Intersecting chords theorem

Intersecting chords theorem Intersecting chords theorem Type Theorem Field Euclidean geometry Statement The product of the lengths of the line segments on each chord are equal. Symbolic statement {displaystyle |AS|cdot |SC|=|BS|cdot |SD|} {displaystyle {begin{aligned}&|AS|cdot |SC|=|BS|cdot |SD|\=&(r+d)cdot (r-d)=r^{2}-d^{2}end{aligned}}} {displaystyle triangle ASDsim triangle BSC} The intersecting chords theorem or just the chord theorem is a statement in elementary geometry that describes a relation of the four line segments created by two intersecting chords within a circle. It states that the products of the lengths of the line segments on each chord are equal. It is Proposition 35 of Book 3 of Euclid's Elements.

More precisely, for two chords AC and BD intersecting in a point S the following equation holds: {displaystyle |AS|cdot |SC|=|BS|cdot |SD|} The converse is true as well, that is if for two line segments AC and BD intersecting in S the equation above holds true, then their four endpoints A, B, C and D lie on a common circle. Or in other words if the diagonals of a quadrilateral ABCD intersect in S and fulfill the equation above then it is a cyclic quadrilateral.

The value of the two products in the chord theorem depends only on the distance of the intersection point S from the circle's center and is called the absolute value of the power of S, more precisely it can be stated that: {displaystyle |AS|cdot |SC|=|BS|cdot |SD|=r^{2}-d^{2}} where r is the radius of the circle, and d is the distance between the center of the circle and the intersection point S. This property follows directly from applying the chord theorem to a third chord going through S and the circle's center M (see drawing).

The theorem can be proven using similar triangles (via the inscribed-angle theorem). Consider the angles of the triangles ASD and BSC: {displaystyle {begin{aligned}angle ADS&=angle BCS,({text{inscribed angles over AB}})\angle DAS&=angle CBS,({text{inscribed angles over CD}})\angle ASD&=angle BSC,({text{opposing angles}})end{aligned}}} This means the triangles ASD and BSC are similar and therefore {displaystyle {frac {AS}{SD}}={frac {BS}{SC}}Leftrightarrow |AS|cdot |SC|=|BS|cdot |SD|} Next to the tangent-secant theorem and the intersecting secants theorem the intersecting chord theorem represents one of the three basic cases of a more general theorem about two intersecting lines and a circle - the power of point theorem.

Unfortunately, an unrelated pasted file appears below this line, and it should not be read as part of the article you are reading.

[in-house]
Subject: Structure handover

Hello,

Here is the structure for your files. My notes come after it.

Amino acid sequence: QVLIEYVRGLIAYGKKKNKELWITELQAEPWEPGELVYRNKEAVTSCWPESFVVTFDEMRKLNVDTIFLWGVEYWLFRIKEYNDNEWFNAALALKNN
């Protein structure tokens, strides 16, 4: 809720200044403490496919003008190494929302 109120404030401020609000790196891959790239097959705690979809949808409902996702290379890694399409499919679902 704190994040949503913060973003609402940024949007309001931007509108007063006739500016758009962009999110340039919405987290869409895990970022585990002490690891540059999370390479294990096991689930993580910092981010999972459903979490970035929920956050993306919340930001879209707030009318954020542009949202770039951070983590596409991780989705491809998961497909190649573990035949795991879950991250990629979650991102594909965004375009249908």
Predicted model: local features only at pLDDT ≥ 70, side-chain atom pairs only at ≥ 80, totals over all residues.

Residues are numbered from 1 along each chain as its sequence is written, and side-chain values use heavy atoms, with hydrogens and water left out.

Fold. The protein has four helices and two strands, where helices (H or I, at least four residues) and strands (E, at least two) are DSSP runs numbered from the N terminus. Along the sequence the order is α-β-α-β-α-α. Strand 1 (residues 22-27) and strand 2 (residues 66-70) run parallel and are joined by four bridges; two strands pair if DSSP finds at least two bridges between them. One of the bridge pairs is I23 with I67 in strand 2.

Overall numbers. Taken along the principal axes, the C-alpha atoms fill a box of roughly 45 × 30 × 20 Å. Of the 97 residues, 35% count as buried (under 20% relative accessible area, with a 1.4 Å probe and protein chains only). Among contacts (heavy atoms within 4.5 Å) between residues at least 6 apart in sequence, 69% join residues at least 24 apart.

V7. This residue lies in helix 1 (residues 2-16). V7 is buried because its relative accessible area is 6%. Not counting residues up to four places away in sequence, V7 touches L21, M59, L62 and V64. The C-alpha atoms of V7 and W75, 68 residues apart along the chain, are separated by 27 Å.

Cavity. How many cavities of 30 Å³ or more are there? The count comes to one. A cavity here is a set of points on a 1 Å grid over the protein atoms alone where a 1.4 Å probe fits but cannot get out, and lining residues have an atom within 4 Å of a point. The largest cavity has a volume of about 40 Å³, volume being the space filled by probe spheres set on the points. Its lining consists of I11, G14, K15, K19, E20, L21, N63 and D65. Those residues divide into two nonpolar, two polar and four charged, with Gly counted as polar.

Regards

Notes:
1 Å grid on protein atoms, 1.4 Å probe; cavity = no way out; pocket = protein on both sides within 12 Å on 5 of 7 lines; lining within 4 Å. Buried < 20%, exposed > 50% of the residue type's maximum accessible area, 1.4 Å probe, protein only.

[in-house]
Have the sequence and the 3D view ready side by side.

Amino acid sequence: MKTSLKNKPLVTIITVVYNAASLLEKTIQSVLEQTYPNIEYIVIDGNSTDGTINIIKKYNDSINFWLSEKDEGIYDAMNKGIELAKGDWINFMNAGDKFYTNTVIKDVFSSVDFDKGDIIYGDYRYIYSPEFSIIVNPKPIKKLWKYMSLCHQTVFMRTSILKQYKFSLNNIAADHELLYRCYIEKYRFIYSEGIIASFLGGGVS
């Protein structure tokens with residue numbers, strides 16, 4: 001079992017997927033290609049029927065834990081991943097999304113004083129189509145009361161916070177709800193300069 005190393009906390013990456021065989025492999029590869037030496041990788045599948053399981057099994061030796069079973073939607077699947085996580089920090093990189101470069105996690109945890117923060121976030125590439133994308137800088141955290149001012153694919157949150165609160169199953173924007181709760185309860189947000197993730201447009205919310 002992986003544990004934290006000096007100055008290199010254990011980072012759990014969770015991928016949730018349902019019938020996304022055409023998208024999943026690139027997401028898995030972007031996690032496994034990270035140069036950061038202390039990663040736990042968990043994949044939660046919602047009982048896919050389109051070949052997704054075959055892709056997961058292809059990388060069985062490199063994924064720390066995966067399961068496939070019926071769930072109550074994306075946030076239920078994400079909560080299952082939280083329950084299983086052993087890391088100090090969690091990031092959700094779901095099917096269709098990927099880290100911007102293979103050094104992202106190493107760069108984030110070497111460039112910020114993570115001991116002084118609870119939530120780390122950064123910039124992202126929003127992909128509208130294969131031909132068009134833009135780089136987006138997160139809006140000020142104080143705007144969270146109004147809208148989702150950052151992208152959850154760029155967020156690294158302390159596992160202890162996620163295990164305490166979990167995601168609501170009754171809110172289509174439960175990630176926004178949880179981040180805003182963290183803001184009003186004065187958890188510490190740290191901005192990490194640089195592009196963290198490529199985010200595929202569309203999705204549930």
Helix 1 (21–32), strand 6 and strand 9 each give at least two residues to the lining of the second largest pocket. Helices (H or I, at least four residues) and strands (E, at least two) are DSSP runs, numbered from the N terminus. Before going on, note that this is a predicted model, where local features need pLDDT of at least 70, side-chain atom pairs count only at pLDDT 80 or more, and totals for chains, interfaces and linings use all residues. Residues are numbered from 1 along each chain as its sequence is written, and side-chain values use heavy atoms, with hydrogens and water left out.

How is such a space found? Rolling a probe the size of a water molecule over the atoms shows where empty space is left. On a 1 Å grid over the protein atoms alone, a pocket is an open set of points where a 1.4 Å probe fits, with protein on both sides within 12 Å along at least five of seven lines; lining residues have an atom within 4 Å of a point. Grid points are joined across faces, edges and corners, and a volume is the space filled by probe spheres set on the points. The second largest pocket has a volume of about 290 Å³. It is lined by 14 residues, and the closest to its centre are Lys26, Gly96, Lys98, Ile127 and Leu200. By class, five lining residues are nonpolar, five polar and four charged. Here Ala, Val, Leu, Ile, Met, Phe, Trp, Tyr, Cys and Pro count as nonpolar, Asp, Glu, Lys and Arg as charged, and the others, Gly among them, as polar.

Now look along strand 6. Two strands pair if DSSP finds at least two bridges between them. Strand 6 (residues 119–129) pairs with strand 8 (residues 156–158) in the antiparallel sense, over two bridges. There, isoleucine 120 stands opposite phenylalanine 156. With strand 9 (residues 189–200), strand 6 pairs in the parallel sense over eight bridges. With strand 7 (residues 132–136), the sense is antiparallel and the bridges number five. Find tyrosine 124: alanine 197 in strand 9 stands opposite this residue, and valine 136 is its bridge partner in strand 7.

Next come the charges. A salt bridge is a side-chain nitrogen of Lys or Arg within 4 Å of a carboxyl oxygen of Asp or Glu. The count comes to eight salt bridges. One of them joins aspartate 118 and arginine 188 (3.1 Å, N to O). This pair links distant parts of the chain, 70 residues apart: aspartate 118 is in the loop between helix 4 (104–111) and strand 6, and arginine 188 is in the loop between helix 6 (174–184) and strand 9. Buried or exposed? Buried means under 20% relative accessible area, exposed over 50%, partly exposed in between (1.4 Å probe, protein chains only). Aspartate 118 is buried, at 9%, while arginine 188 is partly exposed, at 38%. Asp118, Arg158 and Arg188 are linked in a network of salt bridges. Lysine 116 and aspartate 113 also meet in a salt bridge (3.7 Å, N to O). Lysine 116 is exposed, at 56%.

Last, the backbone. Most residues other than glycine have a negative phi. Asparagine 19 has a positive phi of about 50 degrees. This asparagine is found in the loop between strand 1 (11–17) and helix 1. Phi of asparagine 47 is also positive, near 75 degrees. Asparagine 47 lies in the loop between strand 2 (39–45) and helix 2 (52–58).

References Paul Glaister: Intersecting Chords Theorem: 30 Years on. Mathematics in School, Vol. 36, No. 1 (Jan., 2007), p. 22 (JSTOR) Bruce Shawyer: Explorations in Geometry. World scientific, 2010, ISBN 9789813100947, p. 14 Hans Schupp: Elementargeometrie. Schöningh, Paderborn 1977, ISBN 3-506-99189-2, p. 149 (German). Schülerduden - Mathematik I. Bibliographisches Institut & F.A. Brockhaus, 8. Auflage, Mannheim 2008, ISBN 978-3-411-04208-1, pp. 415-417 (German) External links Intersecting Chords Theorem at Intersecting Chords Theorem at Weisstein, Eric W. "Chord". MathWorld. Two interactive illustrations: [1] and [2] hide vte Ancient Greek and Hellenistic mathematics (Euclidean geometry) Mathematicians (timeline) AnaxagorasAnthemiusArchytasAristaeus the ElderAristarchusApolloniusArchimedesAutolycusBionBrysonCallippusCarpusChrysippusCleomedesCononCtesibiusDemocritusDicaearchusDioclesDiophantusDinostratusDionysodorusDomninusEratosthenesEudemusEuclidEudoxusEutociusGeminusHeliodorusHeronHipparchusHippasusHippiasHippocratesHypatiaHypsiclesIsidore of MiletusLeonMarinusMenaechmusMenelausMetrodorusNicomachusNicomedesNicotelesOenopidesPappusPerseusPhilolausPhilonPhilonidesPorphyryPosidoniusProclusPtolemyPythagorasSerenus SimpliciusSosigenesSporusThalesTheaetetusTheanoTheodorusTheodosiusTheon of AlexandriaTheon of SmyrnaThymaridasXenocratesZeno of EleaZeno of SidonZenodorus Treatises AlmagestArchimedes PalimpsestArithmeticaConics (Apollonius)CatoptricsData (Euclid)Elements (Euclid)Measurement of a CircleOn Conoids and SpheroidsOn the Sizes and Distances (Aristarchus)On Sizes and Distances (Hipparchus)On the Moving Sphere (Autolycus)Euclid's OpticsOn SpiralsOn the Sphere and CylinderOstomachionPlanisphaeriumSphaericsThe Quadrature of the ParabolaThe Sand Reckoner Problems Constructible numbers Angle trisectionDoubling the cubeSquaring the circleProblem of Apollonius Concepts and definitions Angle CentralInscribedChordCircles of Apollonius Apollonian circlesApollonian gasketCircumscribed circleCommensurabilityDiophantine equationDoctrine of proportionalityGolden ratioGreek numeralsIncircle and excircles of a triangleMethod of exhaustionParallel postulatePlatonic solidLune of HippocratesQuadratrix of HippiasRegular polygonStraightedge and compass constructionTriangle center Results In Elements Angle bisector theoremExterior angle theoremEuclidean algorithmEuclid's theoremGeometric mean theoremGreek geometric algebraHinge theoremInscribed angle theoremIntercept theoremIntersecting chords theoremIntersecting secants theoremLaw of cosinesPons asinorumPythagorean theoremTangent-secant theoremThales's theoremTheorem of the gnomon Apollonius Apollonius's theorem Other Aristarchus's inequalityCrossbar theoremHeron's formulaIrrational numbersLaw of sinesMenelaus's theoremPappus's area theoremProblem II.8 of ArithmeticaPtolemy's inequalityPtolemy's table of chordsPtolemy's theoremSpiral of Theodorus Centers CyreneLibrary of AlexandriaPlatonic Academy Other Ancient Greek astronomyGreek numeralsLatin translations of the 12th centuryNeusis construction  Ancient Greece portal •  Mathematics portal Categories: Theorems about circles

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